Sometimes in the NFL, something happens that grabs headlines and appears to be a momentous event that has ripple effects that will last all season and perhaps beyond. Other times something that is greeted with a yawn by fans and the media turns out to be something with lasting impact. Here, in no particular order, are three underrated events from 2017. Tomorrow we’ll look at three events that were overrated at the time they happened.  

Beating the Rams in Week 2—Nobody got particularly excited when the Redskins went to the LA Memorial Coliseum and beat a Rams team that had gone 4-12 in 2016. Sure, there was a belief that they were in good hands with Sean McVay but nobody saw them as anything better than a middle of the pack team. The win looks much more impressive now as the 11-4 Rams have locked up their division with a playoff game in their future.

Drafting safety Montae Nicholson—He was a fourth-round pick who had a shoulder injury and appeared to be a reach. But once he got on the field, the reasons the Redskins drafted him became apparent. His range and hard hitting had an immediate impact on the game. Nicholson had problems staying on the field and he will finish the year on IR, so his impact this year was diminished. Regardless, he has a good chance of being part of the solution to a position with which the Redskins have had issues for years.

Ty Nsekhe’s injury—Against the Raiders in Week 3, Shawn Lauvao’s facemask had an issue and he had to leave the game for a play. In came Nsekhe without an opportunity to warm up. He suffered a core muscle injury and had to undergo surgery. His absence didn’t seem like a big deal at the time, but Trent Williams suffered a knee injury the next week and other offensive linemen were sidelined with injuries over the next several weeks. Nsekhe was inactive until the Week 10 game against the Vikings and he didn’t start a game until the Thanksgiving game against the Giants. He sure would have been useful to have in the lineup instead of T.J. Clemmings or Tyler Catalina.

Stay up to date on the Redskins. Rich Tandler covers the team 365 days a year. Like his Facebook page and follow him on Twitter @TandlerNBCS.


Days until:

—NFL Combine (3/1) 7
—NFL Draft (4/26) 63
—2018 NFL season starts (9/9) 199

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Miami tagged Jarvis Landry, but what does that mean for the Redskins?

Miami tagged Jarvis Landry, but what does that mean for the Redskins?

Everything in the NFL feels like a powder keg, but the reality of Tuesday's opening of the franchise and transition tag period will play out as much more of a slow burn.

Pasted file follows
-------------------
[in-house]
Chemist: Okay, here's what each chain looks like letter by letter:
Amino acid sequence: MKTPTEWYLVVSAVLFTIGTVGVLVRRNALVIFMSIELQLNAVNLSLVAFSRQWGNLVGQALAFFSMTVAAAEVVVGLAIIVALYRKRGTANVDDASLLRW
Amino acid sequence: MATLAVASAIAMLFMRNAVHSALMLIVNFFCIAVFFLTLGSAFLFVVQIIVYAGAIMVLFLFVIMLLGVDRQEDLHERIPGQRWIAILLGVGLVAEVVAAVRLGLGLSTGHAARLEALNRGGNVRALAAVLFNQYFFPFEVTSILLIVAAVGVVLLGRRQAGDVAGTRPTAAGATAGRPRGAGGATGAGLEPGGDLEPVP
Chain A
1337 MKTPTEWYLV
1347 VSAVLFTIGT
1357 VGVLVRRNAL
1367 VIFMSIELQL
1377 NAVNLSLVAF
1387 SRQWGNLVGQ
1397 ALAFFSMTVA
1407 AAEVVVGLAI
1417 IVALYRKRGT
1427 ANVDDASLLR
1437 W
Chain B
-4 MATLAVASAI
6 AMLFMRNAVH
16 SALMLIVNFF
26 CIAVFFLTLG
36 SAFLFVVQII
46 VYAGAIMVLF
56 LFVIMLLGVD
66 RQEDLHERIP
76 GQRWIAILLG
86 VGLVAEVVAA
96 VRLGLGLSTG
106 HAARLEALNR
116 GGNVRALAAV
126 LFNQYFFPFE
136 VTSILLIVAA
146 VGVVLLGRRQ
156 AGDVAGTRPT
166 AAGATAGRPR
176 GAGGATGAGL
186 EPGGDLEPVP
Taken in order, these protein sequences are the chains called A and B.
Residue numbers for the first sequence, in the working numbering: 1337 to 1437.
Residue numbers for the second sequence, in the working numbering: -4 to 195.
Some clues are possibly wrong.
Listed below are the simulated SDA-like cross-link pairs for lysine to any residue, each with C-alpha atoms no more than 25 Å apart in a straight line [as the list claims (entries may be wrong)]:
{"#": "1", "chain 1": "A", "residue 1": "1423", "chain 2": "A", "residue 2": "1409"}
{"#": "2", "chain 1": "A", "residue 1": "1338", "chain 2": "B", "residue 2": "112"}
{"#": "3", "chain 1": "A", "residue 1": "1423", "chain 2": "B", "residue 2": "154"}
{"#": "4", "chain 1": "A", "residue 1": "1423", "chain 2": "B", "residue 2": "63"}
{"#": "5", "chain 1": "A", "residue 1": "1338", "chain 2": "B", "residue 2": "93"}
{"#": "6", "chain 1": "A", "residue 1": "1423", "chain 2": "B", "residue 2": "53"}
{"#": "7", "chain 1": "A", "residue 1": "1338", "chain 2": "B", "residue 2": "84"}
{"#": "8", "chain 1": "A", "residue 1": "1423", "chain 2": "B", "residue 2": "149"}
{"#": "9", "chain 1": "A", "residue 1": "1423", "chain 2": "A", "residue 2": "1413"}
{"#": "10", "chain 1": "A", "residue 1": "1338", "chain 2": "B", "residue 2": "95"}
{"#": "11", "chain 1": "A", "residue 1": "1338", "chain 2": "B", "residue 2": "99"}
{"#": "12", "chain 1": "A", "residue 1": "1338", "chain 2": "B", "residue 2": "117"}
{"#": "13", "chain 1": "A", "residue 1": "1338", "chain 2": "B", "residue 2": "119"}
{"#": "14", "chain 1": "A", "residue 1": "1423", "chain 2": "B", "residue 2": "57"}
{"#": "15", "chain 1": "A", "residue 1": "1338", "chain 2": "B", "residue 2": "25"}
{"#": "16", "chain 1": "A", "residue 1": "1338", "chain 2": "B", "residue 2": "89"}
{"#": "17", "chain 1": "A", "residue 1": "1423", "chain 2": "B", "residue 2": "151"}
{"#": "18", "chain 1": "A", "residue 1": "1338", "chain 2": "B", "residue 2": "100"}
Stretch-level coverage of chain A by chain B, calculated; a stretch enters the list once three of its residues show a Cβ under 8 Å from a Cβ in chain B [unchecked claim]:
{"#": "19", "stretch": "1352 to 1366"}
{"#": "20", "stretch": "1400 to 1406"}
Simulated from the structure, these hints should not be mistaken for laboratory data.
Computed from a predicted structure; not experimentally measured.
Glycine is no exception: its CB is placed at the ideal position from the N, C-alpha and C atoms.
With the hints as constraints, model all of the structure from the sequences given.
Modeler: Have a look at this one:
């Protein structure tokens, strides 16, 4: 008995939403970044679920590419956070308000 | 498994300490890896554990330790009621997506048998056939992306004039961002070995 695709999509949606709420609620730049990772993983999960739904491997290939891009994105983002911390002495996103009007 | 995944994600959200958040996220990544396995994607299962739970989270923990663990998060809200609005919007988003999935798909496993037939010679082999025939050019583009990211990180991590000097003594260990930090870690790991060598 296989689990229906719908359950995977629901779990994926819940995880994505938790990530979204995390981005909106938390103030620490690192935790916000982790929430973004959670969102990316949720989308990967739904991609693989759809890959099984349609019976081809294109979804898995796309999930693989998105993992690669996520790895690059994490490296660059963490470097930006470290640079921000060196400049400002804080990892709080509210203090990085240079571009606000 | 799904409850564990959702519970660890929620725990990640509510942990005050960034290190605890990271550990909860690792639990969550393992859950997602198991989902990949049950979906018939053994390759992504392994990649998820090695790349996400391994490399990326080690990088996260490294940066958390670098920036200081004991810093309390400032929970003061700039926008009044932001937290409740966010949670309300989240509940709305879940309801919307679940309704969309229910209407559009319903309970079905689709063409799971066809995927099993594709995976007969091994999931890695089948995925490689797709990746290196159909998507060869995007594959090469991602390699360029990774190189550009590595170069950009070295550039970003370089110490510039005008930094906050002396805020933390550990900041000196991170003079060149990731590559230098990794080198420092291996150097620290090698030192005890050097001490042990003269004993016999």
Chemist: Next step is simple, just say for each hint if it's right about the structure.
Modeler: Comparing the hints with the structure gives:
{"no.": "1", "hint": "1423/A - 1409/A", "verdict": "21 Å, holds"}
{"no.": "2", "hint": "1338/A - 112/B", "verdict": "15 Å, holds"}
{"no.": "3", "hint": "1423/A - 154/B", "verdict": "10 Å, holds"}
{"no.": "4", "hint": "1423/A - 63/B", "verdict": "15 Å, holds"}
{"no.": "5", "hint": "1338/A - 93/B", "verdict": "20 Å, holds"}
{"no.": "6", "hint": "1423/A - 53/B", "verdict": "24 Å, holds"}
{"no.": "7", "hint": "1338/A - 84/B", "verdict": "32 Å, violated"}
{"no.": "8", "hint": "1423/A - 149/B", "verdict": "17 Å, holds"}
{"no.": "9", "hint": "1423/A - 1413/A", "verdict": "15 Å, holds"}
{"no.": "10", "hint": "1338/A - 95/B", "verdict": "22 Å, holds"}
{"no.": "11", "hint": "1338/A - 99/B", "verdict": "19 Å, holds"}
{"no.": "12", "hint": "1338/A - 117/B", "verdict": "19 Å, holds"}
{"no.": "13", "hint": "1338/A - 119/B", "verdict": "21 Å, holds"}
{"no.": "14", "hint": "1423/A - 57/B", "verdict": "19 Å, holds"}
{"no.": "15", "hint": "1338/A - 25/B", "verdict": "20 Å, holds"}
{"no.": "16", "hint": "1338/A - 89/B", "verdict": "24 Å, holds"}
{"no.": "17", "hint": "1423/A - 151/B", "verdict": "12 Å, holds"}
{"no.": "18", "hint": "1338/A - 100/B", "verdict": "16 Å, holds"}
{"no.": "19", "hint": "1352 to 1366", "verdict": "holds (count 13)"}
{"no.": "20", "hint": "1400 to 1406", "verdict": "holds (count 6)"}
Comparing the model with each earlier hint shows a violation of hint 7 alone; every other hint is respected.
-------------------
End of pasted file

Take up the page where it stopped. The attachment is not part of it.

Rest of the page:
Few teams ever actually make moves on the opening day of the tag period, though the Dolphins bucked that conventional wisdom and used the non-exclusive franchise designation on wide receiver Jarvis Landry. 

Astute Redskins fans know the tag system all too well. Landry can now sign a one-year, fully guaranteed contract with the Dolphins worth more than $16 million, the average of the top-five paid receivers in the NFL.

They can also trade Landry and the compensation discussion with a non-exclusive tag begins at two first-round draft picks, though it can eventually be settled for much less. 


What, if anything, does Miami's move mean for the Redskins? Let's take a look:

  1. Not gonna work here - Landry never really seemed like a great fit for the Redskins as a free agent, and that was before the franchise tag. He's a really good slot WR, but Washington already has that in Jamison Crowder. Whether or not Landry actually gets a deal done with the Dolphins or gets traded, it seems highly unlikely the Redskins are his next team. 
  2. "Spirit of the tag" - Miami putting the tag on Landry so early in the process signals that the team might be trying to trade him instead of actually trying to sign him. If that's the case, and plenty of people are suggesting just that, it would seem to be in contrast with the "spirit of the tag." The idea is that a franchise or transition tag is supposed to be used as a tool by an NFL franchise to get a long-term deal done with one of their own players facing free agency. Using the tag as a mechanism to pull of a trade seems very different. Why does any of this matter for Redskins fans? As reports emerged that Washington might look to use a tag on Kirk Cousins and work to trade him, the Cousins camp has made clear they would file a grievance against that technique. Why? Because it would violate the spirit of the tag. Well, it sure looks like Miami is doing the same thing, and as of now, nobody has complained. The situations aren't identical; few resemble the Redskins long, slow, awkward dance with Cousins. But it's certainly worth monitoring. 
  3. Wide Receiver$ - The Redskins could use a veteran wideout to help their young group of Crowder and Josh Doctson. Well, with Landry getting tagged, the price tag just went up. The player that seems to make the most sense in Washington would be Jaguars wideout Allen Robinson. Coming off a knee injury in 2017, some thought Robinson could be signed on a somewhat team-friendly deal. If Landry can get franchised after a season where he didn't even get to 1,000 yards receiving, any thought of a team-friendly deal for Robinson is dead. Make no mistake, Landry and Robinson are good players, but the ever-increasing NFL salary cap will make both young receivers very well paid.